The Explorations II: Religion and Spirituality exhibition, which opened last Sunday at the National Gallery of Jamaica, is organized around six broad, overlapping themes, with a gallery dedicated to each theme. Just in time for the holiday season, the third gallery’s exhibition is organized around the theme “In Our Own Image.” Here are excerpts with a link below to the full description. [Image above: Osmond Watson’s “Jah Lives” (1984); image below: Ebony G. Patterson’s “Di Real Big Man (2010); both from the NGJ Collection.]
Description: The works in this gallery explore how “white” colonial religious representations, and the power structures these represent, have been implicitly and explicitly challenged in local religious and artistic practice. The prevalence of assertively Black religious imagery in Jamaican art is heavily indebted to the teachings of Marcus Mosiah Garvey [. . .].
This perspective is classically illustrated by Osmond Watson’s Peace and Love (1969), which draws from Orthodox Christian icon painting traditions, and the related Jah Lives (1984), which was chosen as the lead image of this exhibition and is on view in the entrance. In both instances, Christ is represented as dreadlocked Rastafari, a powerful acknowledgement of the movement’s defining role in Jamaican culture. Peace and Love is also a self-portrait, in an illustration of the Rastafari concept of “Godmanliness,” or the divine nature of the individual. We had originally placed Rastafari artist Albert Artwell’s 33 ½ Years Story of Christ (2005), which narrates the main events in the life of Christ in a style indebted to Ethiopian icon painting, in “A Chapter a Day,” but we moved it to this section because of the assertive Blackness of the imagery, which also has autobiographical allusions.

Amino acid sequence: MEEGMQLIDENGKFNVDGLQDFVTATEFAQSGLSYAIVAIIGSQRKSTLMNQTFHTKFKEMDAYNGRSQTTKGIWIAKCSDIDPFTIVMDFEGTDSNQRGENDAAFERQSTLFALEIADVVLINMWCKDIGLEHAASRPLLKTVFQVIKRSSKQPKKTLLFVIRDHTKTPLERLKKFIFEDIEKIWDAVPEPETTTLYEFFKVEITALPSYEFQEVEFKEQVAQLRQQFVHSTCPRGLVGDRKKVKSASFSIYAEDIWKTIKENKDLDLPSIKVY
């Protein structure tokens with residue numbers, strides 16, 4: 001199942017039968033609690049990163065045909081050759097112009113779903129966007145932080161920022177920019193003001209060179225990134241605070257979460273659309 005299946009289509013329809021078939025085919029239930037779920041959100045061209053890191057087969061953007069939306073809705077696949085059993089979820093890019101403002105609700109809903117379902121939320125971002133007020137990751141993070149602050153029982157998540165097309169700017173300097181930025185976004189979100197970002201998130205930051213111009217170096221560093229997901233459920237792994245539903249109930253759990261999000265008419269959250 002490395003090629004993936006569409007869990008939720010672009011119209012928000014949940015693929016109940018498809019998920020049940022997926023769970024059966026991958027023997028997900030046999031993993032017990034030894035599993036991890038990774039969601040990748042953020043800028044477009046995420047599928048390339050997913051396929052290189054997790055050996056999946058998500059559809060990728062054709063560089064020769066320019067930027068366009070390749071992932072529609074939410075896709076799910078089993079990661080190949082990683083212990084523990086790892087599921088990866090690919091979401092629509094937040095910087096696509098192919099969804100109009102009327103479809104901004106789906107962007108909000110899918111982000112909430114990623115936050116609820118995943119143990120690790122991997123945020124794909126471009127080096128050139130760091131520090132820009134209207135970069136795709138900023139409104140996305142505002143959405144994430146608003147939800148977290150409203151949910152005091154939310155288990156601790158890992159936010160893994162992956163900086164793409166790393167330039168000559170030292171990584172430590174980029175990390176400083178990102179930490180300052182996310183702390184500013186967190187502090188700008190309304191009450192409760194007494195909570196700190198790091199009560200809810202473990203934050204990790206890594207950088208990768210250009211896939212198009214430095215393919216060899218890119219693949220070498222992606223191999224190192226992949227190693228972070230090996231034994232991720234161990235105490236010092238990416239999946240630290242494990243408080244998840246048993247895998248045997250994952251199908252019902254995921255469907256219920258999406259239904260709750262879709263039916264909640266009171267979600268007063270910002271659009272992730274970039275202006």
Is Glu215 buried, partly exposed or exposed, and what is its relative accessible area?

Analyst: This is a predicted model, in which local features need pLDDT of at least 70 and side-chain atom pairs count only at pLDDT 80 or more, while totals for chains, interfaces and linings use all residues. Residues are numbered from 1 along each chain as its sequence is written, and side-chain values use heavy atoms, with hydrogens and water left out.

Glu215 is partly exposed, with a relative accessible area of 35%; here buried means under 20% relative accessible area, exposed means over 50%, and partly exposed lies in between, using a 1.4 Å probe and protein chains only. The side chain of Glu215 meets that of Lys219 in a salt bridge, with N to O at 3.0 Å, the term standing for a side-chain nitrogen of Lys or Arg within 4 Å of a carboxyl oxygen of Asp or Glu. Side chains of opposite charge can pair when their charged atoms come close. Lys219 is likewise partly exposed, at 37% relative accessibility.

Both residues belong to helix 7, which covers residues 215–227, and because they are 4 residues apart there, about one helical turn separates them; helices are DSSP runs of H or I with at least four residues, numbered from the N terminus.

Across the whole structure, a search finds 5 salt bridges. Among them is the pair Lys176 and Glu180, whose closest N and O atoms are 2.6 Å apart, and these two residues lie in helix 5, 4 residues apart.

While not as such a religious image, we also selected Ebony G. Patterson’s Di Real Big Man (2010) for this section, since it similarly and more provocatively adopts the traditional language of religious icon art to comment on the predicament of Black masculinity in contemporary Jamaican popular culture. In particular, it makes reference to the sexually ambiguous male beauty ideals in Dancehall and, using imagery that evokes martyrdom, also brings to mind the memorial murals to slain gang and “corner crew” members that can be seen in many inner-city neighbourhoods (and are now regularly over-painted by the Police).
While two of the examples chosen represent Black Madonnas, none of the examples in this section question the traditional gender biases in religious art and iconography but there are works by Jamaican artists, not represented here, that have done exactly that: Renee Cox’s controversial “Yo Mama’s Last Supper” (1999), for instance, shocked the New York religious establishment when it was first exhibited there because the artist provocatively inserted her own image, fully and frontally nude, as the Christ figure in the Last Supper. [. . .]
For full description and more information, see the National Gallery of Jamaica Blog at http://nationalgalleryofjamaica.wordpress.com/2013/12/24/religion-and-spirituality-in-our-own-image/